Archive for Sunday, July 15, 2001

Summer of Mercy’ attracts hundreds

July 15, 2001


— Arms outstretched, a couple dozen abortion protesters knelt Saturday night on the sidewalk in front of a Wichita abortion clinic and prayed.

Their chorus of "Amazing Grace" was soon drowned out by several dozen abortion rights demonstrators who crowded around them, chanting: "Not the church, not the state, women must decide their fate."

Among them was Mark Blacklow, 20, an Antioch College student from Yellow Springs, Ohio. His sign, "Queers for Choice," was tied around his hips.

"The abortion fight is for everyone not just women or straight men," he said. "When one of us is oppressed, all of us are oppressed."

A few yards away, a half dozen more abortion opponents gathered around Carson Keller as the Wichita resident began screaming: "Lord, have mercy on these blind fools. Father, consume these people!"

The commotion drew Robert Behn, director of the Operation Save America group from Buffalo, N.Y., who gently put his arm around Keller as he calmed him.

"How can I keep silent?" a tearful Keller asked him. "Oh, my God."

And so the Summer of Mercy Renewal begins in Wichita, with abortion rights supporters outnumbering the abortion protesters as Operation Save America gathered in front of Women's Health Care Services for 24 hours of fasting and prayer. Altogether about 200 protesters on both sides of the issue were on hand.

But as the vigil went late into the night Saturday, fewer than 10 abortion rights supporters stayed on even as the ranks of abortion protesters steadily grew. But the number stayed at fewer than 200 between them.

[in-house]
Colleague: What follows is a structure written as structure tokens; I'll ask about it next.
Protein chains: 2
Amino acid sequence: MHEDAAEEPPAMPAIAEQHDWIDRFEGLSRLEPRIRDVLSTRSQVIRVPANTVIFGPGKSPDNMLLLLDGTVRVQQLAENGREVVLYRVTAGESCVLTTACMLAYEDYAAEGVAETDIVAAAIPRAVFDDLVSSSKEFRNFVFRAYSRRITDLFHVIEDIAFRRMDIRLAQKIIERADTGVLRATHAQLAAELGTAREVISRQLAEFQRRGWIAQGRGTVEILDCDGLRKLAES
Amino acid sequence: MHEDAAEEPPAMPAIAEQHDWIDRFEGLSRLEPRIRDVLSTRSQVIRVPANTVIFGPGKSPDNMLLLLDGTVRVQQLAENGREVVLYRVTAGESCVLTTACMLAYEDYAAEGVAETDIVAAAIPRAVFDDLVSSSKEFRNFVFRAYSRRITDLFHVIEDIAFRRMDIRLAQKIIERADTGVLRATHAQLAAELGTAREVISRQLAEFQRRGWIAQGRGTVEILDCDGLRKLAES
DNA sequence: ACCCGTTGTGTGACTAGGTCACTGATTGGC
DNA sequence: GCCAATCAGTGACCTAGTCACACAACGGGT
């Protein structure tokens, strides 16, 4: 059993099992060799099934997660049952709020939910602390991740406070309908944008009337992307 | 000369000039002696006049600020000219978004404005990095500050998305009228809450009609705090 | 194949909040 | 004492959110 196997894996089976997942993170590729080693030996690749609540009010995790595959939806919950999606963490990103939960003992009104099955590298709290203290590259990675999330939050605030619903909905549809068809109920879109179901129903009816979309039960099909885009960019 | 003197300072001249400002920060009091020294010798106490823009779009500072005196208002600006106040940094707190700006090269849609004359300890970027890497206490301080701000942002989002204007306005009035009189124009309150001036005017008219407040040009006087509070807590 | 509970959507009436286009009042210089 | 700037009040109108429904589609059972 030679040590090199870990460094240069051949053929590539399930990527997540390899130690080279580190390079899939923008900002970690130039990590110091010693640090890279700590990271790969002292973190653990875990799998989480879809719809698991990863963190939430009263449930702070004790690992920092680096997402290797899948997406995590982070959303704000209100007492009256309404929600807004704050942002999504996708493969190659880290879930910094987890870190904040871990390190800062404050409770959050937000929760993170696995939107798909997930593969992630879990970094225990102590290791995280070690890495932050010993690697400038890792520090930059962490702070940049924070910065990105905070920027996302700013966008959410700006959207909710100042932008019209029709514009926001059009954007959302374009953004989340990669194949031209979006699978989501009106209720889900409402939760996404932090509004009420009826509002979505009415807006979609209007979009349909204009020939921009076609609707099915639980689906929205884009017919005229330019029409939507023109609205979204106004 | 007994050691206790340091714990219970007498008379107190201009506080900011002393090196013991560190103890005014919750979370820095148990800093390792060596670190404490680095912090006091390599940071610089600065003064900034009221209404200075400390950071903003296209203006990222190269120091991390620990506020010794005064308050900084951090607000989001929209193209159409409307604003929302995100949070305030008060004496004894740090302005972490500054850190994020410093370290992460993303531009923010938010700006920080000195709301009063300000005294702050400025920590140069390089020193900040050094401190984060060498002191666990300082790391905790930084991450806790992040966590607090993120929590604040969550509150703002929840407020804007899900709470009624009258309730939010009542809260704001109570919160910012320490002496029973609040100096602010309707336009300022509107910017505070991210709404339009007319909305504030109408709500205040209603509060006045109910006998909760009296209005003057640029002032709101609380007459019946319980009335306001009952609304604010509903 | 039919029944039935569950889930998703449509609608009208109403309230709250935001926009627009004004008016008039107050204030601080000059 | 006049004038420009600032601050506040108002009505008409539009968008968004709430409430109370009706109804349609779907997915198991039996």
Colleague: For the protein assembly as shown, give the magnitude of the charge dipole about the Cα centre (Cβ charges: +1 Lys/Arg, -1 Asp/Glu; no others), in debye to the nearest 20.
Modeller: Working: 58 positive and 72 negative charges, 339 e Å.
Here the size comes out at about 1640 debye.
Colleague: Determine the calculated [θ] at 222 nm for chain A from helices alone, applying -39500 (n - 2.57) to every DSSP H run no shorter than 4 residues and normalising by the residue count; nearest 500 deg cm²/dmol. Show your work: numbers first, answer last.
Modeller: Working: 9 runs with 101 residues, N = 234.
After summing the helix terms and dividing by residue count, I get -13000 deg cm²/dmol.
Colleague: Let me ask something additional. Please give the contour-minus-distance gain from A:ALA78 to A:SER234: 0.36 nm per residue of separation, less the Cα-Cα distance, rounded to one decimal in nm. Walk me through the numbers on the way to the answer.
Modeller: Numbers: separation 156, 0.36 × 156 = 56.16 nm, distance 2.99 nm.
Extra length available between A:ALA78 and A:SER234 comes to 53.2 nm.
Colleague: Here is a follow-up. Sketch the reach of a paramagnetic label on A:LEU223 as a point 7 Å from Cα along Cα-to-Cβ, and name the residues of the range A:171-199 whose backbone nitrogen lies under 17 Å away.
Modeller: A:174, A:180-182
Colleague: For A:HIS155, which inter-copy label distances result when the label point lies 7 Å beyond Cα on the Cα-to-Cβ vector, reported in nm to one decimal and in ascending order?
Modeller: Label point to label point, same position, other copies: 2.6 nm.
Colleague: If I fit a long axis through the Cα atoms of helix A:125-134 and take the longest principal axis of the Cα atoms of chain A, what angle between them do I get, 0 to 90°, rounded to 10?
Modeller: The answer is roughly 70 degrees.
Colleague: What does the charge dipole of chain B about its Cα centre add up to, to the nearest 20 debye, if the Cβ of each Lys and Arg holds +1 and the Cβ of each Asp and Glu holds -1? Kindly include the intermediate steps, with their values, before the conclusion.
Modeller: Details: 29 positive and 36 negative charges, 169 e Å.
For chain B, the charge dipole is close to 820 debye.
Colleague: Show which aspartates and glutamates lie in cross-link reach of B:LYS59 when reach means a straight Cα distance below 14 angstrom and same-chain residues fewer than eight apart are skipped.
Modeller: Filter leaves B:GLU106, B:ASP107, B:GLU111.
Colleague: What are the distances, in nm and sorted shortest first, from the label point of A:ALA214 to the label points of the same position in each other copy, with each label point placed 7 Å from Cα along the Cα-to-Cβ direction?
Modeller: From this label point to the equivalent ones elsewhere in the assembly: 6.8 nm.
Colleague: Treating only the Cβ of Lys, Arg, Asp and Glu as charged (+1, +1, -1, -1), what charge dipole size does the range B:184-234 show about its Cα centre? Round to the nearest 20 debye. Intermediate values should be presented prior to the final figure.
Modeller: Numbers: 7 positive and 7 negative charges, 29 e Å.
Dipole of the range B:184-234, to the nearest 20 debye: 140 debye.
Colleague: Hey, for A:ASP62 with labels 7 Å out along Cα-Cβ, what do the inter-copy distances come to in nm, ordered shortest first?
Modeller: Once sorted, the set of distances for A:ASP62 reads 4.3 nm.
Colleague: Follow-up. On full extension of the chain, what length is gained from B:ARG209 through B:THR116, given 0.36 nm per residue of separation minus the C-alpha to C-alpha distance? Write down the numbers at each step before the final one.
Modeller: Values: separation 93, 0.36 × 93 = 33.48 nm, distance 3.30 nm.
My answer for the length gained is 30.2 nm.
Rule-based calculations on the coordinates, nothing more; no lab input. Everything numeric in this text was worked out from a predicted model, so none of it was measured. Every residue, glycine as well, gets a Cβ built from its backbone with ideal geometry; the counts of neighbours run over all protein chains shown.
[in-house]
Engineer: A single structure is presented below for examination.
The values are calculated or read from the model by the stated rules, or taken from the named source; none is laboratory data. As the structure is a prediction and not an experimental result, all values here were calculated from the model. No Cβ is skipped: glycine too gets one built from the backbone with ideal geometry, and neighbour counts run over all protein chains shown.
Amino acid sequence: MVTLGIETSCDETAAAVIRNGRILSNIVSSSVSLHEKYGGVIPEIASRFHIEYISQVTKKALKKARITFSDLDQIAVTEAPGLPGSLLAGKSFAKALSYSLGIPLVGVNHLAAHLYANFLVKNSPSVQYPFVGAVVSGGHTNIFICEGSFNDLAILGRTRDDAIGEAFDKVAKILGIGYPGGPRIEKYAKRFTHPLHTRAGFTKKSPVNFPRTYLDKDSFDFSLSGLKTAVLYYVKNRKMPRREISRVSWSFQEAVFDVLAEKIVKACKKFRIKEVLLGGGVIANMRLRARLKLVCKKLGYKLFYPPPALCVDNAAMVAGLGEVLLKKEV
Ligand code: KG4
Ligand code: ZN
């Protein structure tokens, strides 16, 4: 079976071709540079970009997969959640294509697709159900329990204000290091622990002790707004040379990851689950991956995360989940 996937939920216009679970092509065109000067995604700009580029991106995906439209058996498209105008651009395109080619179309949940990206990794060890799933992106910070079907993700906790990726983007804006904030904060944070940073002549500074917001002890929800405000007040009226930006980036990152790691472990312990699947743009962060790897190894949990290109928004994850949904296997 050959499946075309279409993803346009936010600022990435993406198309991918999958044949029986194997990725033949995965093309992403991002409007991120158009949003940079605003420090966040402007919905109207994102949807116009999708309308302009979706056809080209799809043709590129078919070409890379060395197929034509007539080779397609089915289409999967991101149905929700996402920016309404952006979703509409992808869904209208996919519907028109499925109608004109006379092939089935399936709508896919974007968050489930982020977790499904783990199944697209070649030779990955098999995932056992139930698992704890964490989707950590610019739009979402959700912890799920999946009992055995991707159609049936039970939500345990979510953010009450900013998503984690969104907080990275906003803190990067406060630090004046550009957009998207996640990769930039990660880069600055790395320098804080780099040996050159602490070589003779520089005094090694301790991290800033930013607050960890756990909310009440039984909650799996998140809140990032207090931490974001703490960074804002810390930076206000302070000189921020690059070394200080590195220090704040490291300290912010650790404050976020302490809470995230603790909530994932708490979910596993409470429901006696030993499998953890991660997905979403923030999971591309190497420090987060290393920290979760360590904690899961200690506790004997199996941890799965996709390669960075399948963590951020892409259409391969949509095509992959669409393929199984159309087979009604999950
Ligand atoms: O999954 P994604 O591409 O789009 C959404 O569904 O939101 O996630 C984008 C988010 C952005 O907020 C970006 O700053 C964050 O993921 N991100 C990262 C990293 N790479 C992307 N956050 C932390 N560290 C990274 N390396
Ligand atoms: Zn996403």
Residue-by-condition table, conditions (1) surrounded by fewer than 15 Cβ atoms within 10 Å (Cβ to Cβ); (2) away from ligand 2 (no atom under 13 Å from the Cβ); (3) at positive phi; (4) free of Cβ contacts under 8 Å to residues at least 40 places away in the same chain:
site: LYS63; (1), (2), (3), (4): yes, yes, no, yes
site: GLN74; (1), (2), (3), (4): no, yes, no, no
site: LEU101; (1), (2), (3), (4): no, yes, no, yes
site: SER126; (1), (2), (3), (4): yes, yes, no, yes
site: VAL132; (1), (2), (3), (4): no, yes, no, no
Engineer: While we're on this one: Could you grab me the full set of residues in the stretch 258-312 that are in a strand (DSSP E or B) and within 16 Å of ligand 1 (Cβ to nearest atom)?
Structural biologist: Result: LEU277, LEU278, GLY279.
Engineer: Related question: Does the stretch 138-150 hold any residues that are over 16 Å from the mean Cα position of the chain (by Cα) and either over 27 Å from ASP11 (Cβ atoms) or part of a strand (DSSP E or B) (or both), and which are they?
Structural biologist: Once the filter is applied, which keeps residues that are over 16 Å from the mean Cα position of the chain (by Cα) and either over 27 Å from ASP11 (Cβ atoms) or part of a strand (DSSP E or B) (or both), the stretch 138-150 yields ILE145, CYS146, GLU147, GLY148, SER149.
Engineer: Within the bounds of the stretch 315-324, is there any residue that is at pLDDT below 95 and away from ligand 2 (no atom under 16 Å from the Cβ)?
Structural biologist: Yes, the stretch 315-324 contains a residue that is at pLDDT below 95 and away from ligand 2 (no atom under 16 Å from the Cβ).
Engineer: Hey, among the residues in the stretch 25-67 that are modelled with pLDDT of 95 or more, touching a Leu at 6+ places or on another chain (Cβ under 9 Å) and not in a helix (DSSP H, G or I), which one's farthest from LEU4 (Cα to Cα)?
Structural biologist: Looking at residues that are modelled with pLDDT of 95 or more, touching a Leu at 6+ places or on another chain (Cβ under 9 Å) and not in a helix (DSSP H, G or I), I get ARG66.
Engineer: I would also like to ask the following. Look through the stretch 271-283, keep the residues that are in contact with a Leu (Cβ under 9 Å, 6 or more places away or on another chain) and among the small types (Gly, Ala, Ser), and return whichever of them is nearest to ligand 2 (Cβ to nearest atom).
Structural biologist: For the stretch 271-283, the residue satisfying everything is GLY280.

One group of abortion foes spent the night repeating an endless round of Hail Mary's. Across the street another group of abortion protesters gathered to listen to preachers. Some knelt and prayed silently. The quiet was broken occasionally by cars passing by and honking, spurred by signs saying "Honk For Choice."

The weeklong event officially begins Sunday with an opening rally.

But the smaller numbers at the clinic did not discourage Wichita abortion foe Bob Lippoldt: "I don't care. We have God."

Lippoldt's wife, Donna, heads Operation Save America group in Wichita, and a sidewalk counseling group it calls Heartbeat Ministries. He said they invited Operation Rescue back.

"As a person that lives in Wichita, I would like to be proud of Wichita," he said. "But it is a city in shame."

Behn said the numbers will change dramatically by Monday morning as more abortion opponents stream into Wichita.

It has been 10 years since the Summer of Mercy ended after more than 45 days of turmoil that saw 2,700 arrests. Police counted 30,000 at one abortion protest rally.

Behn was among those who came here 10 years ago. He is back because women from New York come to Wichita for abortions.

Wichita is home to George Tiller, one of the few physicians left who perform late-term abortions. Abortion protesters around the nation are gathering here to stop him. Abortion rights supporters from around the nation are gathering to support him.

That brought Rev. Monica Corsaro here from Seattle, a United Methodist minister who heads the Religious Coalition for Reproductive Choice. She brought nearly 30 people here from around the country to speak out for abortion rights and keep Tiller in business.

Among those who came was Rosemary Candelario, director of the Massachusetts chapter in Boston.

"It is more than a Wichita issue ... every state in the country sends some women to this clinic," she said.

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